Michael Jordan's Greatest Moments: 5-1

Michael Jordan's Greatest Moments: 5-1

This is part of a four-part series looking back at the historic career of Michael Jordan and the legacy he left on the game of basketball. It all leads up to Saturday when we unveil his top 5 moments on his 55th birthday. Here are 55-4544-23, and 22-6.

5. Jordan wins fourth title and finishes greatest individual season ever, June 16, 1996

It’s hard to comprehend just how much Jordan accomplished during the 1995-96 season. We’ll try:He won his fourth championship, was named NBA Finals MVP for a record fourth time, won All-Star Game MVP, won a record 72 games, was named to the NBA All-Defensive First Team, was the league’s leading scorer and became the Bulls’ all-time leader in games played. So when he dropped a casual 22 points in Game 6, it marked the end of one of the greatest seasons in NBA history. Oh, and Space Jam came out a few months later.
4. Jordan hits six triples, scores 35 points in first half against Blazers, June 3, 1992

During the 1991-92 regular season, Jordan never made more than three 3-pointers in a single game. In fact, the most 3-pointers he had in any two-game stretch that year was four. So when he began burying triple after triple in Game 1 of the NBA Finals, even Jordan couldn’t believe it, giving a shrug toward the NBC announcers as if to say, “I don’t know, either.” Jordan finished the first half with six triples and scored an NBA-record 35 points. The Bulls cruised in the second half, so Jordan finished with only 39, but his shrug remains one of the most iconic NBA Finals moments in history.
3. Jordan battles the flu, scores 38 in Game 5 on his way to fifth title, June 11, 1997

The Flu Game. Jordan was battling a nasty illness in the lead-up to a pivotal Game 5 in Utah, and there were concerns about whether he would even suit up. Hours before tip Jordan got out of bed and made his way to the arena, looking to halt Utah’s momentum after it had taken Games 3 and 4 to tie the series. The Jazz came out red-hot while Jordan looked sluggish, but he responded with 17 points in the second quarter alone to give the Bulls a halftime lead. Jordan then keyed a 10-0 run in the fourth quarter to erase a Jazz lead, and he hit a 3-pointer with 25 seconds left to give the Bulls a three-point lead. The Bulls hung on, and Jordan collapsed into Scottie Pippen’s arms walking off the floor. His final line? 38 points, 13 of 27 shooting, 7 rebounds, 5 assists and 3 steals. Two days later the Bulls won the title in front of a sellout Chicago crowd.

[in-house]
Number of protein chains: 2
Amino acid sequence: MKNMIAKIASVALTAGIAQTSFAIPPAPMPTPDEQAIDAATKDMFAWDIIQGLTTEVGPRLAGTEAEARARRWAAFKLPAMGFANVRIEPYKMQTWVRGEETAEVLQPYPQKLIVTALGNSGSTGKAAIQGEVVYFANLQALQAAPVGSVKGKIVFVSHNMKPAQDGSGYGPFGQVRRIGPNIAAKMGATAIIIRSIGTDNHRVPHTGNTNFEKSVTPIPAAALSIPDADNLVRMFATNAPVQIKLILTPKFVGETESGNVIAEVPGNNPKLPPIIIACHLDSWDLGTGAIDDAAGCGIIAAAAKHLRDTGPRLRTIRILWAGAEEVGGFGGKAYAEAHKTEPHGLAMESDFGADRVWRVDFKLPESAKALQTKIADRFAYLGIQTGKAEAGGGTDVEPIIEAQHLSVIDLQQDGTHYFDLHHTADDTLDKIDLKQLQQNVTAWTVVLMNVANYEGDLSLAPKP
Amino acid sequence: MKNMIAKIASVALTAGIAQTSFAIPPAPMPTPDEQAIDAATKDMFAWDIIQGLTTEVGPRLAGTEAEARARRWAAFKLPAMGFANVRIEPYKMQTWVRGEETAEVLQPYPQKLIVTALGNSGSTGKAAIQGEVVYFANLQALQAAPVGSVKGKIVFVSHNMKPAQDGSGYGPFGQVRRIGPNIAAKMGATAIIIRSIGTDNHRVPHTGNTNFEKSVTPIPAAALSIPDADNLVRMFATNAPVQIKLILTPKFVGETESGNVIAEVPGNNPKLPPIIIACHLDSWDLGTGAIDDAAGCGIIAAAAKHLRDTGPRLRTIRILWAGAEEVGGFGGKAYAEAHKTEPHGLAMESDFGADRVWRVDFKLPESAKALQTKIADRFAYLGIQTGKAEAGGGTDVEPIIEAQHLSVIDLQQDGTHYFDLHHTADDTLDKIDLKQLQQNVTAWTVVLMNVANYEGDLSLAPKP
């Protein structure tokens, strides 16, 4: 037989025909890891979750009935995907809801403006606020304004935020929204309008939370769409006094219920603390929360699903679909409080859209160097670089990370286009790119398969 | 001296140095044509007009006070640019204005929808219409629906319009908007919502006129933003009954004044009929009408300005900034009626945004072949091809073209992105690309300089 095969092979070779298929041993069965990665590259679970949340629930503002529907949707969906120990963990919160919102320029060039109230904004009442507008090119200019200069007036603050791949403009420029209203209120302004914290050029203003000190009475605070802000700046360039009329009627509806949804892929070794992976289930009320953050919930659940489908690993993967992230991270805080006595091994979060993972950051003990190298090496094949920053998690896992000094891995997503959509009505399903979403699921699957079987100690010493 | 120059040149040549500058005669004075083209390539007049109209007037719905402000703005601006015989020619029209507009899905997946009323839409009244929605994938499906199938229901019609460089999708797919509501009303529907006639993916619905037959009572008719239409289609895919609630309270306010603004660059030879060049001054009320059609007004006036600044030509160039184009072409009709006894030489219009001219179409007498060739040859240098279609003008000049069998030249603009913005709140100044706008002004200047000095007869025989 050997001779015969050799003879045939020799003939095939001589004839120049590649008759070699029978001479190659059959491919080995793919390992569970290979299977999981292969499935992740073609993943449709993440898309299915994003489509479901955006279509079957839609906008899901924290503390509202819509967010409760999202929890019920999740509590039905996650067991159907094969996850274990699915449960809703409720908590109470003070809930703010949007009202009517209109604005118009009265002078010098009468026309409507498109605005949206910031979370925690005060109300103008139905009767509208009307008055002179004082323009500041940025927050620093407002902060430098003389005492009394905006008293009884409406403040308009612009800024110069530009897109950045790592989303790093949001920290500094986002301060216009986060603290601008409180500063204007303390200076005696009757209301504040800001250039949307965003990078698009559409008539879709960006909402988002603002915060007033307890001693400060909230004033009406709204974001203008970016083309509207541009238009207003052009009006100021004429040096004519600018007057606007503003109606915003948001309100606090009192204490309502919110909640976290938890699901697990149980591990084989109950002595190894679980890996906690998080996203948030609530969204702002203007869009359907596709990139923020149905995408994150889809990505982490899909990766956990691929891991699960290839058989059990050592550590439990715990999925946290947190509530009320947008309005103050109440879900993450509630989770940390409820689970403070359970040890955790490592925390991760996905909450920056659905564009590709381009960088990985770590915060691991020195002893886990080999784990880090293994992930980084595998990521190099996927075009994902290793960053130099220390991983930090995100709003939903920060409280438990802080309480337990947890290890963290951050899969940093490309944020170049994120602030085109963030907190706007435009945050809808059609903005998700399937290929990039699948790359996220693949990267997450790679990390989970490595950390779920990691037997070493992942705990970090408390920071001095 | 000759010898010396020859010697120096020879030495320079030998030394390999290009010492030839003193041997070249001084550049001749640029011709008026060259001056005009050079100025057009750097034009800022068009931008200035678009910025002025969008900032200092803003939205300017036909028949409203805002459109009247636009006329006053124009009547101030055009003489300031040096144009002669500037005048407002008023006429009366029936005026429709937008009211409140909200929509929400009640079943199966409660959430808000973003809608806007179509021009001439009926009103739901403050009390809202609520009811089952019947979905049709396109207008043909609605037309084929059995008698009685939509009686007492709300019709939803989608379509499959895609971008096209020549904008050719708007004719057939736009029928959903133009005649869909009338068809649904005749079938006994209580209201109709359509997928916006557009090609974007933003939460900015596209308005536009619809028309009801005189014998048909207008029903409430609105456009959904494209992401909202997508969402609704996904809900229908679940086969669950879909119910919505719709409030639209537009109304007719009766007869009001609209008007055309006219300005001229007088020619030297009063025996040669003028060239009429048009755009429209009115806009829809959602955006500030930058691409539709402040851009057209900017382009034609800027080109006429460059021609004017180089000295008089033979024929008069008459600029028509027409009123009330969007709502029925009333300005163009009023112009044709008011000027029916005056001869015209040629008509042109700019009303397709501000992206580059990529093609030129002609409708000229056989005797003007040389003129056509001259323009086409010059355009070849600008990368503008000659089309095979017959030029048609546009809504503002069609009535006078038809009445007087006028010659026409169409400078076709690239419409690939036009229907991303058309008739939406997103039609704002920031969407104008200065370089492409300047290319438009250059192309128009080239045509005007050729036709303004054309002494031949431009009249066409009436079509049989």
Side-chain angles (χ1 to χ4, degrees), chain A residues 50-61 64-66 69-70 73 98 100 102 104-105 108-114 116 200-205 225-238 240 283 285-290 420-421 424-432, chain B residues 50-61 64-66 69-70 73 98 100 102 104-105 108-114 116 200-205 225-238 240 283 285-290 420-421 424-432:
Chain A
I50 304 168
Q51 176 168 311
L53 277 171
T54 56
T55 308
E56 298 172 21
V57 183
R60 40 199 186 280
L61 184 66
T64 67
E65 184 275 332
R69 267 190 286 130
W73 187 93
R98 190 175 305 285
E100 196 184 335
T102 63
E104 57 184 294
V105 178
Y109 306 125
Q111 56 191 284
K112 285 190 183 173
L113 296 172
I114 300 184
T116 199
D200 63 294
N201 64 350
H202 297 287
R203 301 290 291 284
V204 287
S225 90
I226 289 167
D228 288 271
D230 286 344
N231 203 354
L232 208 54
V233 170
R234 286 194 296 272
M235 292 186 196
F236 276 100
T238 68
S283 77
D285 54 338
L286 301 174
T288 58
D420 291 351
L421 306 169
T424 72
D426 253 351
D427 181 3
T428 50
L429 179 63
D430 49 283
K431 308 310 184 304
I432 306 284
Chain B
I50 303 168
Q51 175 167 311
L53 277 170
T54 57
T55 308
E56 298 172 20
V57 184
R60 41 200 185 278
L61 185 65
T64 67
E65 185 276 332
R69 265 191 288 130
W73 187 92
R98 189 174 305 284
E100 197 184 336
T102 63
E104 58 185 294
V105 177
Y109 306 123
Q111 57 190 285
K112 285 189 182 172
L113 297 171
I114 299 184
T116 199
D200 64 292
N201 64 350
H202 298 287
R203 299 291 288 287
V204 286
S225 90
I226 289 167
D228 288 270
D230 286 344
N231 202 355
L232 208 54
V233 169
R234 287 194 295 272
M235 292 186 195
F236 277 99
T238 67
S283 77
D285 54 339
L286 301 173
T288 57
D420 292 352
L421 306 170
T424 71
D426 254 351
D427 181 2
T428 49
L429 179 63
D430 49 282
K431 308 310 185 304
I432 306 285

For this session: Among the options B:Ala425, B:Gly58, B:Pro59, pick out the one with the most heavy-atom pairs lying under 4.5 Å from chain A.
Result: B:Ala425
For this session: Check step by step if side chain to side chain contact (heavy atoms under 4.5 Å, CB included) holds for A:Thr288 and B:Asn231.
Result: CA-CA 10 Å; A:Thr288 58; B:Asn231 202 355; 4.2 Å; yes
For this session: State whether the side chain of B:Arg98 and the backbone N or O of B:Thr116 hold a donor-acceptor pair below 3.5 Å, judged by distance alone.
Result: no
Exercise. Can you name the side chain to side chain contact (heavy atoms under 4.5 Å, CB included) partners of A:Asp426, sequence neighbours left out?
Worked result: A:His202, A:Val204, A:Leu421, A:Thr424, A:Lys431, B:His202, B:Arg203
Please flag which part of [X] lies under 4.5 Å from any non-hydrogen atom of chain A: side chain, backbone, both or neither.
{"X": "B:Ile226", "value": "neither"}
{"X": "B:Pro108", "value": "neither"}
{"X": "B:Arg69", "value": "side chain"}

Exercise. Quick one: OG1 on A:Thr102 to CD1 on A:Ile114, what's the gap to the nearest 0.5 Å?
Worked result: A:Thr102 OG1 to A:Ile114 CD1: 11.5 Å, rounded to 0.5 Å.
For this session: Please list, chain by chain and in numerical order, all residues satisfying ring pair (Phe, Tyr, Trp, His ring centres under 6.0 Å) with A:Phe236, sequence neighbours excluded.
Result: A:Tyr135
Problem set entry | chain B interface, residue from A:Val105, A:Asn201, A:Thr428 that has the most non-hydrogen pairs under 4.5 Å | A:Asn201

2. Jordan scores 63 points against Celtics in playoff loss, April 20, 1986

Jordan had just turned 23 years old when he took to the Boston Garden floor to face Larry Bird in his prime and the Celtics. These Celtics had gone 40-1 at home, led the NBA in field goal percentage defense, started FOUR future Hall of Famers and had a fifth come off the bench. They would ultimately go down as one of the all-time greatest teams, and Jordan made them look absolutely silly. He played 50 minutes in the double-overtime thriller, shooting 22 of 41 from the field and making 19 of 21 free throws, including the last two with no time on the clock and the Bulls trailing by two at the end of regulation. He scored 54 in regulation, added five in the first overtime and four in the second. He also led the Bulls with six assists. It still stands as the NBA record for most points in any playoff game. Twenty-three years old. Twenty. Three.

1. Jordan scores 45 in final game with the Bulls, securing sixth championship, June 14, 1998

Jordan’s final game with the Bulls was iconic. Like so many of these moments, die hards know exactly where they were. The 45 points were majestic, and while he only had one rebound and one assist he affected just about every possession on both ends. But what we’ll remember most is the final 37 seconds. Jordan drove to the basket for layup that cut Utah’s lead to one, then stripped Karl Malone from behind on the next trip down. That gave the ball back to the Bulls with 20 seconds left. Jordan let the clock tick down to around 9 seconds before making his move from the left wing, driving right on Bryon Russell, (maybe pushing off) and pulling up for a jumper at the foul line. The shot was good with 5.2 seconds remaining, and John Stockton’s ensuing 3-pointer was off the mark. It gave Jordan and the Bulls their sixth NBA title, and marked the perfect ending to his Bulls career: getting it done on both ends, in the clutch, and finishing with a victory. Because it encapsulated so much of his 14-year career in Chicago, it’s our top Michael Jordan moment.